Rebecca H. Pettaway, a retired laboratory assistant and church activist, died Monday of complications from a stroke at Seasons Hospice at Northwest Hospital in Randallstown. She was 92.
The daughter of farmers John Wesley Hines and Julia Bell Thompson Hines, Rebecca Hines was born and raised in Emporia, Va., where she attended public schools.
In 1941, she married Earnest A. Pettaway, and in 1958 the couple and their family moved to West Baltimore.
She completed her high school education by attending evening classes at Douglass High School, said Stephanie Johnson Pettaway, her daughter-in-law, who lives in Northwood.
Mrs. Pettaway also took courses in dressmaking, tailoring and cosmetology, said her daughter-in-law.
From 1968 until retiring in 1989, Mrs. Pettaway worked as a laboratory assistant for the Department of Public Works' Bureau of Water and Wastewater.
A longtime resident of Edgecombe Circle in the city's Park Heights neighborhood, Mrs. Pettaway joined Wayland Baptist Church in 1958 and became a member of its Temple and Concert choirs.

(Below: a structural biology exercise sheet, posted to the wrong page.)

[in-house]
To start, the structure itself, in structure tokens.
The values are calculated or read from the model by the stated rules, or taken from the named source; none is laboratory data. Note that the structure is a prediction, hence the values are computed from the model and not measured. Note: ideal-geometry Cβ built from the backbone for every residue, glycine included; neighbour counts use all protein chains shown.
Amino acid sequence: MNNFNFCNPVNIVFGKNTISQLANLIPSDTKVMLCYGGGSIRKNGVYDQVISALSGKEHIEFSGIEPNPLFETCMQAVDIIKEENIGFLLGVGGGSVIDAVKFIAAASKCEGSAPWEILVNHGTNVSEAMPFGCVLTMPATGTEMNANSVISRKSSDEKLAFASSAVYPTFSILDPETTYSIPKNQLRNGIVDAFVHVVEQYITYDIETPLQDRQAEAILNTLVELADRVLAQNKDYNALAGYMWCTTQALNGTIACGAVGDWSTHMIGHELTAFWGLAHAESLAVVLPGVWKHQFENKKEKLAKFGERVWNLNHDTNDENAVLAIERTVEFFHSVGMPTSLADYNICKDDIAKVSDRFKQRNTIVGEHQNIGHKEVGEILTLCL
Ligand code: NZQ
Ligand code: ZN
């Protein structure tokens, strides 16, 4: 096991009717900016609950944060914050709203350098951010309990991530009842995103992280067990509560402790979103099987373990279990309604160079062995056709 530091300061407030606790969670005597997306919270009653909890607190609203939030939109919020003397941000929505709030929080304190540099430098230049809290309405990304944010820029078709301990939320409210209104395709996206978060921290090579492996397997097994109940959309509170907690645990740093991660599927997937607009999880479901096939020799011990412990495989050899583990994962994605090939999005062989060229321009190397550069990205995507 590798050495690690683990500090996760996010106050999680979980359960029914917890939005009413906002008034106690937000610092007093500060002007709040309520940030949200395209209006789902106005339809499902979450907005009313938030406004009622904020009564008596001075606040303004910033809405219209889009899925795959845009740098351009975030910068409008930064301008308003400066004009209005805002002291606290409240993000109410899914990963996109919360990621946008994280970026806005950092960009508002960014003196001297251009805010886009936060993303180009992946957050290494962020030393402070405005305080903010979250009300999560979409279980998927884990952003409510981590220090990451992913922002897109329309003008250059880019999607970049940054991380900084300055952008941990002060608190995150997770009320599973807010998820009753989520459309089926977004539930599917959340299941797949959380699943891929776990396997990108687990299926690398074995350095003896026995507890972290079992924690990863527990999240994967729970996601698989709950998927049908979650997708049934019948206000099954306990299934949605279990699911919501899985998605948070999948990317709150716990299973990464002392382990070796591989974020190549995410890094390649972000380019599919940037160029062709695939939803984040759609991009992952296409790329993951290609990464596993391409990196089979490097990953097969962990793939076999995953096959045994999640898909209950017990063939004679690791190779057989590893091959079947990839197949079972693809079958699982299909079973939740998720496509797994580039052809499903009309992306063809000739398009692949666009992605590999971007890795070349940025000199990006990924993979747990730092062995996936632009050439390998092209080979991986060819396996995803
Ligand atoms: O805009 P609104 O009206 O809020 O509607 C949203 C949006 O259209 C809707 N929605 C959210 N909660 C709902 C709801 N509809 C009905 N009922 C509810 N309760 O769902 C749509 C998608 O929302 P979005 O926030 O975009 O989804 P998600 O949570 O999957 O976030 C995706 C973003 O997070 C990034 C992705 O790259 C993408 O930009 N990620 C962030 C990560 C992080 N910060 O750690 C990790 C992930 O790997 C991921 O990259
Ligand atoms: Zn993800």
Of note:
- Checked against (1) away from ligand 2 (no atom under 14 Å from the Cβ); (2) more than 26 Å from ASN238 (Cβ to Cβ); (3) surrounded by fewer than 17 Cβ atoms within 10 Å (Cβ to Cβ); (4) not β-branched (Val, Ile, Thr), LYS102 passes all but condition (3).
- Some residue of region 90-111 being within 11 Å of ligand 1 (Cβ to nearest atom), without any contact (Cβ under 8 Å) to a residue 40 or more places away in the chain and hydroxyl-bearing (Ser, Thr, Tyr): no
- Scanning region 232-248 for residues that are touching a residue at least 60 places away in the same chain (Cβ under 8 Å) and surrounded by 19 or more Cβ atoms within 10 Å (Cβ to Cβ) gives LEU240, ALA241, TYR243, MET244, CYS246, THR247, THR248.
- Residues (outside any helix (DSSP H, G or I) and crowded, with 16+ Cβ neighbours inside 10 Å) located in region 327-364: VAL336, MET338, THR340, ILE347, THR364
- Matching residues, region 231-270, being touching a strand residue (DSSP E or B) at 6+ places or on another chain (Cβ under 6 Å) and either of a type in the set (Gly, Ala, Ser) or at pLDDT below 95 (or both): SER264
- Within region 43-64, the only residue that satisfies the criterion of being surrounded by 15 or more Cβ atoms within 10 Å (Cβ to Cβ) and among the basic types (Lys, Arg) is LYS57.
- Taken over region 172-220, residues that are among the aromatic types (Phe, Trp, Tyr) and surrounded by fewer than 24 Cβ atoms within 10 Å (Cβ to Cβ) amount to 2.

In 1970, the church moved to Eutaw and Dolphin streets under the auspices of City Temple of Baltimore Baptist Church. There Mrs. Pettaway continued performing with the choir.
Mrs. Pettaway was an accomplished tenpin bowler. She also enjoyed road and bus trips and cruises with her sister.
She also liked to entertain family and friends, and enjoyed her family's annual reunion, as well as baking cakes and sewing.
Her husband, a foundryman with Flynn & Emrich Co., a Baltimore cast-iron foundry, died in 2002.
Funeral services for Mrs. Pettaway will be held at 11 a.m. Saturday at her church, 317 Dolphin St.
In addition to her daughter-in-law, she is survived by her daughter, Rose Hamilton of Randallstown; a brother, James Hines of Emporia; a sister, Maggie Harris of Williamsburg, Va.; three grandchildren; and two great-grandchildren. Her son, Edward Pettaway, died in 2006.
—Frederick N. Rasmussen